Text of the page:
BUIS is an acronym for “backup iron sights”. This is nothing more than a catchy label for backup sights that you can use when and if your primary electronic or magnified optic is damaged or fails. “Iron” simply refers to their metal parts to differentiate them from electronic optics, although none of them are made from iron, but rather aluminum, steel, and plastic. Backup sights can simply be a rear sight that sits on a flat-top receiver behind the optic, or it may be a set of both front and rear sights for an ORC (Optic Ready Carbine: a carbine with only rails on top and no front sight base that is ready for customization by the end user).
Most rear backup sights are only capable of windage adjustments. Elevation must be established with adjustments to the front sight. Most backup sights do not have the fine adjustments like those on a carry handle. Zero them as close as possible, but don’t expect perfection. Zero your backup sights for point-of-aim / point-of-impact at 50 yards. Be sure to use Loctite thread locker when mounting your backup sights. I promise that the screws will eventually loosen during shooting and the sights will lose their zero.
If you run some type of aiming device (holographic sight, red-dot sight, or magnified optic) on your rifle then you need to have a backup sight(s) on your rifle. Murphy’s Law dictates that your electronic optics will break or be damage, your scopes will break or fog up, and your batteries will go dead at the worst time. If this happens and you don’t have a backup system for aiming, then that weapon is out of the fight. You soon will be too.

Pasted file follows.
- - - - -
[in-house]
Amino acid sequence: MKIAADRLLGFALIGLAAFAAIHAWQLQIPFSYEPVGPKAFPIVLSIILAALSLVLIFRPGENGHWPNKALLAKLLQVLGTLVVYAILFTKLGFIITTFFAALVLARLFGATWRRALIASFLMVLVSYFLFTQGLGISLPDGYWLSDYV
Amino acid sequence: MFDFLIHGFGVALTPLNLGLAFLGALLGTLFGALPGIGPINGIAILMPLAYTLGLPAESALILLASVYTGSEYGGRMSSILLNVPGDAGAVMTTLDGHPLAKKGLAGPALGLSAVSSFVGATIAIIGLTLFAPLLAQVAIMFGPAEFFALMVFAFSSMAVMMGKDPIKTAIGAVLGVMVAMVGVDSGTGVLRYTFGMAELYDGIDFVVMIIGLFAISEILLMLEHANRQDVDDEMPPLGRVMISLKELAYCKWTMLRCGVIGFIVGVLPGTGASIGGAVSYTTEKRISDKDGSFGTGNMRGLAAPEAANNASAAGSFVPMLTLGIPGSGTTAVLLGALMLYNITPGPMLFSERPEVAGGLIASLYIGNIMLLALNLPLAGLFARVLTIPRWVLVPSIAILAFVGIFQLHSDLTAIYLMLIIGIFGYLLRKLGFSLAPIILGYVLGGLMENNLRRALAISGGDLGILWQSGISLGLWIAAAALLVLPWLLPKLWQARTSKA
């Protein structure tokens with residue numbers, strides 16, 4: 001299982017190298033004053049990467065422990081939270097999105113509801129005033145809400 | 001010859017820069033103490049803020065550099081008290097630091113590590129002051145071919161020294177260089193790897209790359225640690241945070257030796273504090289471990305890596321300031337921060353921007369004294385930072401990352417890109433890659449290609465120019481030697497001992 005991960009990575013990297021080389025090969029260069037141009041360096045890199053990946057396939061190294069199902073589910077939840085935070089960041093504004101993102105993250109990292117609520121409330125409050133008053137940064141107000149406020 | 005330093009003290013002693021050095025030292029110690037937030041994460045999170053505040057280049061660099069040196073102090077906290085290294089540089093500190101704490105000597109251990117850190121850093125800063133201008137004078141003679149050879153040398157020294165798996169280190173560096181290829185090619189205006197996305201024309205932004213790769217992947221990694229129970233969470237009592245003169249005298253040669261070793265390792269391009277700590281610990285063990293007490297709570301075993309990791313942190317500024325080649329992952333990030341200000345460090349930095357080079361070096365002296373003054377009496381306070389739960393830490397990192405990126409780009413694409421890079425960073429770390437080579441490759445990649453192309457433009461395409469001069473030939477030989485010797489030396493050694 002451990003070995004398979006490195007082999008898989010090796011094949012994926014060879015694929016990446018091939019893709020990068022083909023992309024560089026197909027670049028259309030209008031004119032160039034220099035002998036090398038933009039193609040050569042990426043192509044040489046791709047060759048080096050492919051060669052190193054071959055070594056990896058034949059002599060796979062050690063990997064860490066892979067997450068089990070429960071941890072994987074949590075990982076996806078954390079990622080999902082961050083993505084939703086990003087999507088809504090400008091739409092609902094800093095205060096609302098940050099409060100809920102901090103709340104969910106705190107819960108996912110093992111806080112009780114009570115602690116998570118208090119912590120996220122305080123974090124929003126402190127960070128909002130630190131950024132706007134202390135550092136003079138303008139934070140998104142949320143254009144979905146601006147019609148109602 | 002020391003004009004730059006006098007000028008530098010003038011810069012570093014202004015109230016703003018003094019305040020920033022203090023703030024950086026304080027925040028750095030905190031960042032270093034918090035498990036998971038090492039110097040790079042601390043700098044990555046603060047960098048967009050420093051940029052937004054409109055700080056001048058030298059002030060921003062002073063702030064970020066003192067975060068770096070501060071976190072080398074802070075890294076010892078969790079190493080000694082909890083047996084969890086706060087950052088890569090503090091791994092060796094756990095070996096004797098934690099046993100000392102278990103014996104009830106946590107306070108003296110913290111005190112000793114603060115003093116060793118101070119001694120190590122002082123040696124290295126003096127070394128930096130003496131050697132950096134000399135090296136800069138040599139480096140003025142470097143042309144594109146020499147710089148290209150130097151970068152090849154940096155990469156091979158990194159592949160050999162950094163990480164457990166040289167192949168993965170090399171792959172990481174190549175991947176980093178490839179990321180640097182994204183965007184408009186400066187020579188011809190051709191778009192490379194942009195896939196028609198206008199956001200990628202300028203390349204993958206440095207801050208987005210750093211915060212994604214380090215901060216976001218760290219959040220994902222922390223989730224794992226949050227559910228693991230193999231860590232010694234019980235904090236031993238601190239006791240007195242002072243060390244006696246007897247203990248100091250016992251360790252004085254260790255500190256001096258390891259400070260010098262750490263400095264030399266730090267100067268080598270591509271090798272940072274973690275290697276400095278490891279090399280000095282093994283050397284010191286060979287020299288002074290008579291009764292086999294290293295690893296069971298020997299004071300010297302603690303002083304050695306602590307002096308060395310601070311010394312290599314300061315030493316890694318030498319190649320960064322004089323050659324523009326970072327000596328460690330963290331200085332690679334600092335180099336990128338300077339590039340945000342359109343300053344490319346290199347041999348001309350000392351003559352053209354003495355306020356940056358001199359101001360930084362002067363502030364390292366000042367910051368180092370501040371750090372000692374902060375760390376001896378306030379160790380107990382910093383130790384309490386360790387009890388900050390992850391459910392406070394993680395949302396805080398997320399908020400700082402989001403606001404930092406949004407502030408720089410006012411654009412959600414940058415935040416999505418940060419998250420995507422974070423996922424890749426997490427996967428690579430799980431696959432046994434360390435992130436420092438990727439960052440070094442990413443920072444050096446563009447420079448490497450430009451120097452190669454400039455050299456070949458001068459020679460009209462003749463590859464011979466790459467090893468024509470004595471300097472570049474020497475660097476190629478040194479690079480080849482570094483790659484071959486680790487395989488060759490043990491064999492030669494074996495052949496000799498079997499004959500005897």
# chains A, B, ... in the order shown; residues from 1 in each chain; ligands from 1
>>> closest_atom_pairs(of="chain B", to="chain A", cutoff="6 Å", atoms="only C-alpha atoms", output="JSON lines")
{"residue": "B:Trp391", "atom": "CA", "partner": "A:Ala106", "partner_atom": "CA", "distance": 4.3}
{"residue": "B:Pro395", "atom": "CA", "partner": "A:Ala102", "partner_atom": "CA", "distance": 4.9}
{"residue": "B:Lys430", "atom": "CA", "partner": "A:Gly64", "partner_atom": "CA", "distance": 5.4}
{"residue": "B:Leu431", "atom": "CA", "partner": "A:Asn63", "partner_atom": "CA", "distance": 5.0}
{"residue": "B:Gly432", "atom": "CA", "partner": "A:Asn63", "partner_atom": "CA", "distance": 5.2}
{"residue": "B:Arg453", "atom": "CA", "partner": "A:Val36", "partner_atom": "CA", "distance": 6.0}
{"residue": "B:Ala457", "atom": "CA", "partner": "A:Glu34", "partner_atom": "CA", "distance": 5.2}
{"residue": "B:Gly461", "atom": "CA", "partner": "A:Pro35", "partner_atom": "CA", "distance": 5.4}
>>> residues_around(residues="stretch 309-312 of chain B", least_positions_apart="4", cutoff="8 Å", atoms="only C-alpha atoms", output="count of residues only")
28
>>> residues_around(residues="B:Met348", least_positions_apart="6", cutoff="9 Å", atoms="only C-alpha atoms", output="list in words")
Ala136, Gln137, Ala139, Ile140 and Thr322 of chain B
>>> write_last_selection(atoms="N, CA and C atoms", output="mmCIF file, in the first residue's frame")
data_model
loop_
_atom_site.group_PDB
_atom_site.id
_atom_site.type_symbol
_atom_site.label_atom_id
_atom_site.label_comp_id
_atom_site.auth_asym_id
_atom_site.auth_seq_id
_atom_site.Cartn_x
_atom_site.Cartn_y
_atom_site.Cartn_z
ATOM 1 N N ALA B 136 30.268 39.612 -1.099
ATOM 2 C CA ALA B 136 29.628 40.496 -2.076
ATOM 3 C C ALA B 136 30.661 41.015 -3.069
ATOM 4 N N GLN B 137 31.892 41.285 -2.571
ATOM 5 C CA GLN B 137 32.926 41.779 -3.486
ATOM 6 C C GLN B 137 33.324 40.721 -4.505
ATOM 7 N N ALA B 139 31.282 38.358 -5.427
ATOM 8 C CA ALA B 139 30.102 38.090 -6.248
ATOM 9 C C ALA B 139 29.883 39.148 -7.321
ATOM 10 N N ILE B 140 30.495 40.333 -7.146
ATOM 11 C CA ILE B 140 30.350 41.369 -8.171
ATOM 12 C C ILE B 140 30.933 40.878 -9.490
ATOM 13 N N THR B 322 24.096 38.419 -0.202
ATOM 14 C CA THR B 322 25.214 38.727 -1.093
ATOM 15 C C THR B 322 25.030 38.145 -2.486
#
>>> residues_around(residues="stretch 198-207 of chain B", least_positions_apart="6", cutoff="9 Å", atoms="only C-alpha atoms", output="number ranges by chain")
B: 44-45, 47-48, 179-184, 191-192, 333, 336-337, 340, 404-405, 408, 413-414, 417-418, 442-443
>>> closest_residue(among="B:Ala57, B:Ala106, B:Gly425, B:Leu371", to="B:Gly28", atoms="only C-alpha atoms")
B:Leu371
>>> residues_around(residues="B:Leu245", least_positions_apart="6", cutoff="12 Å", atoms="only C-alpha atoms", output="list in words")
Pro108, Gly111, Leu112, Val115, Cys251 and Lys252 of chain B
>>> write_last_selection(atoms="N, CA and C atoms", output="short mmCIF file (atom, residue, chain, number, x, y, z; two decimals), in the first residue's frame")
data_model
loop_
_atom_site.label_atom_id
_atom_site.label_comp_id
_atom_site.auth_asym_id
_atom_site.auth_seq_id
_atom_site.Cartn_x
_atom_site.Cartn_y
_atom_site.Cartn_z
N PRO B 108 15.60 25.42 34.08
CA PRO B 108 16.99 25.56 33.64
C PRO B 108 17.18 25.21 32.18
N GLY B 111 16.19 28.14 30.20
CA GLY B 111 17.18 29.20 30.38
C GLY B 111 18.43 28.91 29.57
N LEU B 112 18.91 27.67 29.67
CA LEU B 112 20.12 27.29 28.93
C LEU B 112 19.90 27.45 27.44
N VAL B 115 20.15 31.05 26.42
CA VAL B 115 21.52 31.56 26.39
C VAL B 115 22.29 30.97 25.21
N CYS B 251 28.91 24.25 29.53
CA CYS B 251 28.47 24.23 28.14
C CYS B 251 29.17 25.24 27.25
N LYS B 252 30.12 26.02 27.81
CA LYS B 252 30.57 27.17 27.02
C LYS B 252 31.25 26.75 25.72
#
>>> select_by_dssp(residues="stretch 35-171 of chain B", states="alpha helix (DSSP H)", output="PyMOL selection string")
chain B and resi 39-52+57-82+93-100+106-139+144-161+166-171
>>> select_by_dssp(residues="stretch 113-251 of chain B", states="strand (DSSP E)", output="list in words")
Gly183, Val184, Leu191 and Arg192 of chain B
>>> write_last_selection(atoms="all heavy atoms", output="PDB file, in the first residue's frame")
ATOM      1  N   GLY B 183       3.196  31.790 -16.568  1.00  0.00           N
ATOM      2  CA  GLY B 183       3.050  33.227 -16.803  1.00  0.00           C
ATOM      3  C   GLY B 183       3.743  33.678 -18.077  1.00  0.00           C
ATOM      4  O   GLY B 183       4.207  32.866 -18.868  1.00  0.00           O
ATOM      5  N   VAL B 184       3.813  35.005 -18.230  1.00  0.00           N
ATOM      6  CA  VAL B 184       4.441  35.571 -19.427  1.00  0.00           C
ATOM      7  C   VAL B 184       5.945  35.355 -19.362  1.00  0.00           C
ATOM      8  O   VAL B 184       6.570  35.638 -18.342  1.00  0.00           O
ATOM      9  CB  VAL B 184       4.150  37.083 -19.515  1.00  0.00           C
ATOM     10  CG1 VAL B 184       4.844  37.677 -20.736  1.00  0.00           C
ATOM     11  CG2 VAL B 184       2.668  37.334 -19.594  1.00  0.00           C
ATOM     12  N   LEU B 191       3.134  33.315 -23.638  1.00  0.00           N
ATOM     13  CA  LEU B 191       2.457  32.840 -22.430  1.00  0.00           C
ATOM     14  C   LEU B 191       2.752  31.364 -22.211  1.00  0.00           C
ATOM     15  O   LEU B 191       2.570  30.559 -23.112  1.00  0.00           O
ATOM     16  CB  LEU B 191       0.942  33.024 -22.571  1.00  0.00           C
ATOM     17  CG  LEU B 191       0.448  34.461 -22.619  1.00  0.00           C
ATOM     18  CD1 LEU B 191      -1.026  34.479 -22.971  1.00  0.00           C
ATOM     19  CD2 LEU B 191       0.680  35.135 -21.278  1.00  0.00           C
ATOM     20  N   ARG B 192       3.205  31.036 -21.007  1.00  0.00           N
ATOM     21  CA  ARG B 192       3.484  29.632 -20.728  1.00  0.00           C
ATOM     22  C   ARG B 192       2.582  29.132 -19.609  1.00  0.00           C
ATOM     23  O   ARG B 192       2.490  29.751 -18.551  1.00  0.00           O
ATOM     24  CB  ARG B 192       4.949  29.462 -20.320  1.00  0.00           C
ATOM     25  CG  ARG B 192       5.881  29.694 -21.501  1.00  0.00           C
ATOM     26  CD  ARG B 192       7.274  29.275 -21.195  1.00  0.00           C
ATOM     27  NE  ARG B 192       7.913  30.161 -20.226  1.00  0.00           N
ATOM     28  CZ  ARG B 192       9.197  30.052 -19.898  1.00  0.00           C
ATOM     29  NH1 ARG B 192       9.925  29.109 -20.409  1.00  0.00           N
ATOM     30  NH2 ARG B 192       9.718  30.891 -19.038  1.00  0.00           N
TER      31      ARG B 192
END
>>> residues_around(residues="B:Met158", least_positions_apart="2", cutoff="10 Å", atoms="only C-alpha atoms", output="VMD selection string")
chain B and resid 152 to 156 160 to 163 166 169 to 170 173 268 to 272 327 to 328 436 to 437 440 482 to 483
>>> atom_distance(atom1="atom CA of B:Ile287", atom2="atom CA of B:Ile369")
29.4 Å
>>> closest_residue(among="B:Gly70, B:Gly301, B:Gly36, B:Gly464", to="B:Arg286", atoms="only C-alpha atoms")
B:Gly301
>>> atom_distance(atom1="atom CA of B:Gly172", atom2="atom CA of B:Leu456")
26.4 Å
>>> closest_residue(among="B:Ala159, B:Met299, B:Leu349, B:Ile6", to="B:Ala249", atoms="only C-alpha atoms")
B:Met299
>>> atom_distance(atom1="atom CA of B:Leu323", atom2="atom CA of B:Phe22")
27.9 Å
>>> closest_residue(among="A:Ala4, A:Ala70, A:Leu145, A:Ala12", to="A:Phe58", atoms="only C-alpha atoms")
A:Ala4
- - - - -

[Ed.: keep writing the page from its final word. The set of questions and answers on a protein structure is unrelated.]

Stay away from cheap Chinese made “Airsoft” quality parts and gear, such as Aim Sports, Promag, Leepers, UTG or NcStar. Save your money and buy quality gear. Your life may depend on it. As always, when you install any parts, be sure to use Loctite thread locker on the threads of the screws to keep your parts from loosening up when you shoot.
Manufactures of Quality Backup Sights Include: